I’m still processing my responses to yesterday’s Macworld Stevenote and the announcement of the MacBook Air. On the one hand, a super-lightweight portable computer seems to me a great niche for Apple to move into. On the other hand, this one is almost too focused on lightweight portability for me. It would be a fantastic travel machine, but not so great for working on day in and day out: not enough storage, not enough ports, not enough screen real estate.
Which makes me begin to suspect that Apple has opened a new front in consumer electronics marketing, as of yesterday: not upgrade-your-current-computer but instead buy-a-second-machine. After all, if you’re going to take advantage of things like Remote Disc, you’ve got to have another machine nearby. And if you’re going to use wireless networking for everything including backups, you’ve got to have a Time Capsule. So the digital hub seems increasingly to be throwing out new spokes, producing not a convergence of appliances but instead appliance proliferation.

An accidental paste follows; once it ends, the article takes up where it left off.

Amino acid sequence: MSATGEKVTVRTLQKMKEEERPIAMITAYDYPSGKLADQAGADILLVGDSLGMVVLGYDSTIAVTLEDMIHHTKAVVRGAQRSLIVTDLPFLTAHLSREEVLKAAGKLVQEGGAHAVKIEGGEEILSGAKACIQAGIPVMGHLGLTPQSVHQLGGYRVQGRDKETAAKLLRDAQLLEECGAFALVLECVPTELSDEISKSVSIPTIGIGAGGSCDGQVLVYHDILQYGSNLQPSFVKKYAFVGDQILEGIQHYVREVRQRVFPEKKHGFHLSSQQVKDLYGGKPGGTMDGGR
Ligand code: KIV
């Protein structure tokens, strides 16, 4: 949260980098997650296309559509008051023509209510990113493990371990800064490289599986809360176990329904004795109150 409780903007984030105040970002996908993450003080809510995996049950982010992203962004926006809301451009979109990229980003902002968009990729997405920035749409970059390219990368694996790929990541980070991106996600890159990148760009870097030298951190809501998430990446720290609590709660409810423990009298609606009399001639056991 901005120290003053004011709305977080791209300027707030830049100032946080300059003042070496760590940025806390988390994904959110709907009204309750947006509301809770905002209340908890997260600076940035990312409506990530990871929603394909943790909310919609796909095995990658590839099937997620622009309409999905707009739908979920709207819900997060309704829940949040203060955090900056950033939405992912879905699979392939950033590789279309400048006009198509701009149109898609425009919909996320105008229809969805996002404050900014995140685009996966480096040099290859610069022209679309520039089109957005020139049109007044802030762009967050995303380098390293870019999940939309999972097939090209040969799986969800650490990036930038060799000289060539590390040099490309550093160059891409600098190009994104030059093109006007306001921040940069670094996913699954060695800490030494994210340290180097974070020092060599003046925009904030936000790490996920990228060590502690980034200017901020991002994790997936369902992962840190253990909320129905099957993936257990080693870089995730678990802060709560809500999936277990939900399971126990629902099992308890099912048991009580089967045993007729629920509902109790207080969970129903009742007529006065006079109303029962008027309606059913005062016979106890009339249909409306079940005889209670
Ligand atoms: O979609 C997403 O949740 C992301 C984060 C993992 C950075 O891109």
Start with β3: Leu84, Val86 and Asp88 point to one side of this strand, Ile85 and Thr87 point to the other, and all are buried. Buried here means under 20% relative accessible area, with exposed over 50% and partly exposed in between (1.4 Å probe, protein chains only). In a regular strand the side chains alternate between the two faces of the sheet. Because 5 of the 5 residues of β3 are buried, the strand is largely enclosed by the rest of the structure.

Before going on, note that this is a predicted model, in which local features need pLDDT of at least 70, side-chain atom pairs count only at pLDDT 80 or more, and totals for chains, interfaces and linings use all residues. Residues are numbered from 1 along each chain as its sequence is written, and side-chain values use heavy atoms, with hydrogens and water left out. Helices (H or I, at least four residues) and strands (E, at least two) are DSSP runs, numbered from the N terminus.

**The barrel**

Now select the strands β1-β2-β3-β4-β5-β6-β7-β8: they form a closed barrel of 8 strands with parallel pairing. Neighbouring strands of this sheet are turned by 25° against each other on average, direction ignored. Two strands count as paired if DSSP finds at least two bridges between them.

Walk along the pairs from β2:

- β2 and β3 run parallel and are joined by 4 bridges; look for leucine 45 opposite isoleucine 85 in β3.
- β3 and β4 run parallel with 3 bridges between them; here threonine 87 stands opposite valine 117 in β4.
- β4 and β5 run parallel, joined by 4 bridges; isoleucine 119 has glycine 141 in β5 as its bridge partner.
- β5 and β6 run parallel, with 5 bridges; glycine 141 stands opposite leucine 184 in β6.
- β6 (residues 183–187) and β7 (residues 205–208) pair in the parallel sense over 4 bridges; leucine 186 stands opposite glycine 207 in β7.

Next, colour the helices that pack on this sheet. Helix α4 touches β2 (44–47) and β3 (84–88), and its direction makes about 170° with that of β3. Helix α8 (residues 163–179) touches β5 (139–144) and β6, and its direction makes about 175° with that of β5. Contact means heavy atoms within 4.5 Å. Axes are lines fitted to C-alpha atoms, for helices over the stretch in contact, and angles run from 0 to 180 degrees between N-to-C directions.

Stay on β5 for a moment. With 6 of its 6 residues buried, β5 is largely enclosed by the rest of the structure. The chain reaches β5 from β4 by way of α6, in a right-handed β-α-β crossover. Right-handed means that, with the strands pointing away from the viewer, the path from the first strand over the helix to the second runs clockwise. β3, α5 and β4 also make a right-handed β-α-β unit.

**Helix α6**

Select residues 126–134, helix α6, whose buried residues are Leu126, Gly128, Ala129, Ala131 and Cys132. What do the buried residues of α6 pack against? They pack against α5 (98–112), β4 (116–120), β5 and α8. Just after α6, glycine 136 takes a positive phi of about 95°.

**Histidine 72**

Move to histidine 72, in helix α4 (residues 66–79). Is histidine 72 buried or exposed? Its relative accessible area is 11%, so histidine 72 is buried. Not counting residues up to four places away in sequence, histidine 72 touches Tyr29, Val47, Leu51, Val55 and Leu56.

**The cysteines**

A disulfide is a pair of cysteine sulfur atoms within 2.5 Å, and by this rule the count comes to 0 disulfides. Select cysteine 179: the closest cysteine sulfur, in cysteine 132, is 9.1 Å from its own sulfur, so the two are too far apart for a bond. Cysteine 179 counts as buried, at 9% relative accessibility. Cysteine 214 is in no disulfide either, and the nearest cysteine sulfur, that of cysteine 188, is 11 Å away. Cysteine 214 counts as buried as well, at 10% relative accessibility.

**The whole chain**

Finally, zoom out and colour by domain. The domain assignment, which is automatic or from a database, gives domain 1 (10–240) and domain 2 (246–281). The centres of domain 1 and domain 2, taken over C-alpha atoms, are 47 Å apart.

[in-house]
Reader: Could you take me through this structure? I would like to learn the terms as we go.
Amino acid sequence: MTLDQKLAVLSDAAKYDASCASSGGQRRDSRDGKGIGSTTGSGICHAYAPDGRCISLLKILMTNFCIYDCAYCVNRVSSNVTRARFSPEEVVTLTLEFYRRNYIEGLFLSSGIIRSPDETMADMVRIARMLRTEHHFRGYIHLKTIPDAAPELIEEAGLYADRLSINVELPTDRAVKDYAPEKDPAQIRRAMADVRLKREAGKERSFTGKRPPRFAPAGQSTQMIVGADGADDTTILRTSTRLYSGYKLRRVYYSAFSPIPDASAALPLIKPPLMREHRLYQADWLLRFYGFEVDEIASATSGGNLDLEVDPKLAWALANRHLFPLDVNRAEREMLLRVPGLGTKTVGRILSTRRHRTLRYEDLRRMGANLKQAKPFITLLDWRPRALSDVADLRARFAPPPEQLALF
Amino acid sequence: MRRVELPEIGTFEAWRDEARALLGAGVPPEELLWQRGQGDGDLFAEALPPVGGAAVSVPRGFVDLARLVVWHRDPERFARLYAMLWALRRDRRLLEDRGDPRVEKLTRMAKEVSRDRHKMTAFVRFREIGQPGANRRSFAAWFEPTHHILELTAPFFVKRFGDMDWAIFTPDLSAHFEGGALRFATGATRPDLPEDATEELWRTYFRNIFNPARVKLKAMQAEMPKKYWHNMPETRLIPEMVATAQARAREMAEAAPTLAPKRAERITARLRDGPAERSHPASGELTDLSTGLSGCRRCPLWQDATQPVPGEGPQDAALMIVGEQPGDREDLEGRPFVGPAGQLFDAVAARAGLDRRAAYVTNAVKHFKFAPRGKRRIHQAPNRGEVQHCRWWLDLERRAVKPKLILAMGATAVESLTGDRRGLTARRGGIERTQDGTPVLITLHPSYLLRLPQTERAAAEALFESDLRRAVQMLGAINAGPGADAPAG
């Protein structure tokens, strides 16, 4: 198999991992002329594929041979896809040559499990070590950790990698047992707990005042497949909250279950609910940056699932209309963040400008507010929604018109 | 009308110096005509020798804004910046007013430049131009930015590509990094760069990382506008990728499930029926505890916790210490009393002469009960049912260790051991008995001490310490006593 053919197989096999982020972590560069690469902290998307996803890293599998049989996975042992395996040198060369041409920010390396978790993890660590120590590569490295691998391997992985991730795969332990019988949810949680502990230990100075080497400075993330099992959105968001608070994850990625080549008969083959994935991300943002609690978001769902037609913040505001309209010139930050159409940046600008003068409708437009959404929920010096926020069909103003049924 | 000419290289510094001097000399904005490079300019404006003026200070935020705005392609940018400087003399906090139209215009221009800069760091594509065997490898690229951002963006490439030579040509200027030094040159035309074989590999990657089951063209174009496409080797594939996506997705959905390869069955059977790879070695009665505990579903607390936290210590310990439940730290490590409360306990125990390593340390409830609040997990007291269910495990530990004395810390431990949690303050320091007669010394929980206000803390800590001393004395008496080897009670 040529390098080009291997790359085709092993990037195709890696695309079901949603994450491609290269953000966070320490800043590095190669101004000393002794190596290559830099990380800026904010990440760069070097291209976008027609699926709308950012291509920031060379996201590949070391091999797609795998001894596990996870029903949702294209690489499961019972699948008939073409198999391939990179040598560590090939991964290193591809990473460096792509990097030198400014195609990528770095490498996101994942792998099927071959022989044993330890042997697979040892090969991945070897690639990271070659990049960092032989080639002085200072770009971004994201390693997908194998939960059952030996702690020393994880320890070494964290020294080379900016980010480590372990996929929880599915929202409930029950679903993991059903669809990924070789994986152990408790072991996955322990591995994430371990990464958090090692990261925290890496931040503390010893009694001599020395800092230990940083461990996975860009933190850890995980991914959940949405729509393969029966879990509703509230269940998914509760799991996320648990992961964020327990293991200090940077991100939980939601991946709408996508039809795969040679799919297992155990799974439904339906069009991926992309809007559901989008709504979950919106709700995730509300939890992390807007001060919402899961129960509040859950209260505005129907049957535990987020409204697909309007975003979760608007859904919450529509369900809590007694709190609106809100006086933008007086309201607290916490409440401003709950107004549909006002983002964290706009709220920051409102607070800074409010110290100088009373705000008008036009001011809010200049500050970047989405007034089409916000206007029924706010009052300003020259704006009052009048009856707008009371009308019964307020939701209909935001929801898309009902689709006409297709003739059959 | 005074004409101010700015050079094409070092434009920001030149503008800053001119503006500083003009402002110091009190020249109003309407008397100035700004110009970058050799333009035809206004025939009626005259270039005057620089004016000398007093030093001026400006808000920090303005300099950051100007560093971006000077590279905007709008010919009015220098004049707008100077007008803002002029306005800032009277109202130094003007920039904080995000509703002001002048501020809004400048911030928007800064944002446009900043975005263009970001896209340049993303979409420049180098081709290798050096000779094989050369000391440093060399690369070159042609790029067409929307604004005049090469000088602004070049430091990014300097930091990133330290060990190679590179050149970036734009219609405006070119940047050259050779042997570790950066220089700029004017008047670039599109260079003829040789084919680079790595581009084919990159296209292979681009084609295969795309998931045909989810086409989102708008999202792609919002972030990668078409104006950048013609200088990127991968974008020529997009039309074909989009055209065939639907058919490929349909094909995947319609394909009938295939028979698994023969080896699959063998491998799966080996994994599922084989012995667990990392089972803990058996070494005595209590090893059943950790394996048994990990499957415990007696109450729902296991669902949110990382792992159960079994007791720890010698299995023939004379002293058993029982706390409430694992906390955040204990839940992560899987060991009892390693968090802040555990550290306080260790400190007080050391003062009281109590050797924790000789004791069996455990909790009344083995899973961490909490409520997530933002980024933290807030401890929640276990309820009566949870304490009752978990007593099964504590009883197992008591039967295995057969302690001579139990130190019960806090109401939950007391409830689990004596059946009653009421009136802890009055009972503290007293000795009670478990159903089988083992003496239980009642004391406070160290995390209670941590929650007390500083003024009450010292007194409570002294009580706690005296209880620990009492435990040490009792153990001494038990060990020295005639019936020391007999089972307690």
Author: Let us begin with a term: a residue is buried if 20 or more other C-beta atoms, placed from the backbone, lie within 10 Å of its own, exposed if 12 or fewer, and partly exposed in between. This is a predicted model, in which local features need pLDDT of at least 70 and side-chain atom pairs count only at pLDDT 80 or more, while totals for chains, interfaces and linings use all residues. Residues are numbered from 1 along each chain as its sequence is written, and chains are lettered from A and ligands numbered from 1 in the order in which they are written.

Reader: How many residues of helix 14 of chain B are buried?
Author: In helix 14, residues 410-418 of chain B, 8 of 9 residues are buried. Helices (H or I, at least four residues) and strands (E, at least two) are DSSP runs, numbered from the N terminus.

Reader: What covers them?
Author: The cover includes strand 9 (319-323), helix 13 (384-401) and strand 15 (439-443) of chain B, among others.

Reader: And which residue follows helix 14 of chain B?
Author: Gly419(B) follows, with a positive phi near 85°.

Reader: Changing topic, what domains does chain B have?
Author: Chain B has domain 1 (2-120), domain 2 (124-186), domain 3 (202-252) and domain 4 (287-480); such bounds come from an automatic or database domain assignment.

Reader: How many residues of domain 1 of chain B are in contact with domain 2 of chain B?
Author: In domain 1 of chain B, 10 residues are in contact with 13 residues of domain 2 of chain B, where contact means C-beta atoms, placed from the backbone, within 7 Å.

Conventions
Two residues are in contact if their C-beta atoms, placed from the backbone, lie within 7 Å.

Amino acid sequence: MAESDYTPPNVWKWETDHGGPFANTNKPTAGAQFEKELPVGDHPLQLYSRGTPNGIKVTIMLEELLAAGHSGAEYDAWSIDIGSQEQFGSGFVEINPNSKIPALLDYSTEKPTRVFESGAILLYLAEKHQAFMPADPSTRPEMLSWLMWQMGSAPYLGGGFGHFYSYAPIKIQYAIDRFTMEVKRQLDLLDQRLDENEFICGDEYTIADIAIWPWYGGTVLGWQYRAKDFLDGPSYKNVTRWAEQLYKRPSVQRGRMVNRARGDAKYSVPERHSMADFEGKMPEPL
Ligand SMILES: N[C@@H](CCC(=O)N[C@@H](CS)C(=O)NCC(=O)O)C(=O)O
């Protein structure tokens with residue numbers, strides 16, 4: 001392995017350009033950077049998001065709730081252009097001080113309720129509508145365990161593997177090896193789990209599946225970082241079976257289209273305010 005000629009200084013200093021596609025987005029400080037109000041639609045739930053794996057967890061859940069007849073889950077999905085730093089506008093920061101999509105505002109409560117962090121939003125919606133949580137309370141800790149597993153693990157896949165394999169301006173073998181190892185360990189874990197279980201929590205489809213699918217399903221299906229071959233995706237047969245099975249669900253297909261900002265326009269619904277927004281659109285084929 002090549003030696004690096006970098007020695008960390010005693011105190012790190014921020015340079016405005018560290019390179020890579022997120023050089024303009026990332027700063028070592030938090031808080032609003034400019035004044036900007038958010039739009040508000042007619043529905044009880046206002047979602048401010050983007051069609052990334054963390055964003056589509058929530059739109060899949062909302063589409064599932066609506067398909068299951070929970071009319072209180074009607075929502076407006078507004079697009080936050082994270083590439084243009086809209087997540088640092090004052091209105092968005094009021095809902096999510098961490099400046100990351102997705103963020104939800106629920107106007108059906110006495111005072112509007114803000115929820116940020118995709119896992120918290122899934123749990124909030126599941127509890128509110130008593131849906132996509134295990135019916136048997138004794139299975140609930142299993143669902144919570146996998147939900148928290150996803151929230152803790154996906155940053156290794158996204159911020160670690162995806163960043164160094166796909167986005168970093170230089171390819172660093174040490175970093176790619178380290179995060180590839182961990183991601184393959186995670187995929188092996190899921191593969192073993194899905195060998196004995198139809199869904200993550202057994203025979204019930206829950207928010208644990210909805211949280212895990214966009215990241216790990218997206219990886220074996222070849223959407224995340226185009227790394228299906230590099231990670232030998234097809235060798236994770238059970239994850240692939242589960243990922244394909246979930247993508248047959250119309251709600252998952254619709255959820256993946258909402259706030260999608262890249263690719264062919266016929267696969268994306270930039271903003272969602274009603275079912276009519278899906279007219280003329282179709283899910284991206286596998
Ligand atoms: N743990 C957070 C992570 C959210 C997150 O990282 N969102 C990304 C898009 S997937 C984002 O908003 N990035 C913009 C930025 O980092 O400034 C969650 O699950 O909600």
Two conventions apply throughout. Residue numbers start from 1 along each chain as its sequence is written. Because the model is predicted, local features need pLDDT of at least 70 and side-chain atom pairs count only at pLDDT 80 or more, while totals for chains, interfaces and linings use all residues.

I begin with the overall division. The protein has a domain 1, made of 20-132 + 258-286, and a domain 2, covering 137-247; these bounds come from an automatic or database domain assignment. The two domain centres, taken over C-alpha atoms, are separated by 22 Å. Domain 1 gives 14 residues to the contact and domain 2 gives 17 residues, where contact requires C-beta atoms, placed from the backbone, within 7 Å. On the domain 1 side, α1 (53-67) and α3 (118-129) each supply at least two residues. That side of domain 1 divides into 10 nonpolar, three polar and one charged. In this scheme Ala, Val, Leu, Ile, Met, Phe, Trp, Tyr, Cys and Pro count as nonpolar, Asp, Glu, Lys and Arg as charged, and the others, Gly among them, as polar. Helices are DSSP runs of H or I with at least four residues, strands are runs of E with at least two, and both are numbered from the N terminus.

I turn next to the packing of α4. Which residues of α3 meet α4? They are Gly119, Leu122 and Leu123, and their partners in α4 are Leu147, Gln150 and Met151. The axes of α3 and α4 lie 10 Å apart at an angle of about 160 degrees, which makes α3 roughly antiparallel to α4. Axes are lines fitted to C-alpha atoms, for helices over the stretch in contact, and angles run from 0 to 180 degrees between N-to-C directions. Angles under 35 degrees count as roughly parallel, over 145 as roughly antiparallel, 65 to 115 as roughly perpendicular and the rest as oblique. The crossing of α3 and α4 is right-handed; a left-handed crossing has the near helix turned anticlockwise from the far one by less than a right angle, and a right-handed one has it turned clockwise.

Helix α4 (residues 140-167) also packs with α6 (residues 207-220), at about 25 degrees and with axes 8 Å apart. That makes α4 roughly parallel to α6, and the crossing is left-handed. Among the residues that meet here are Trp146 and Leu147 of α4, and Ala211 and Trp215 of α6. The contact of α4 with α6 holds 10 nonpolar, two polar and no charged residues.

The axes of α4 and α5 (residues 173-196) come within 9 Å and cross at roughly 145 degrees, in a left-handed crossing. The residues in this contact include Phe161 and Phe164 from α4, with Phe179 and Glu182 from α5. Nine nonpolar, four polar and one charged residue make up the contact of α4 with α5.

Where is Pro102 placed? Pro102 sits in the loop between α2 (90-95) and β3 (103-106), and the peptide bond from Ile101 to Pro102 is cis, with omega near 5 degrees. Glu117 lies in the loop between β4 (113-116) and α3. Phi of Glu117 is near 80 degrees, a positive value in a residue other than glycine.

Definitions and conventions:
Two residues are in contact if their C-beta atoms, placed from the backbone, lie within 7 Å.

I held off on replacing my 12″ PowerBook G4 until now, hoping that I’d want to replace it with something new and sexy. And I do, as it turns out: I want to replace it with a 24″ iMac and a MacBook Air. But until I get some grant that will allow me to do so, it looks like I’m going to be getting the same MacBook Pro I’d have gotten last month instead. Ah, well.
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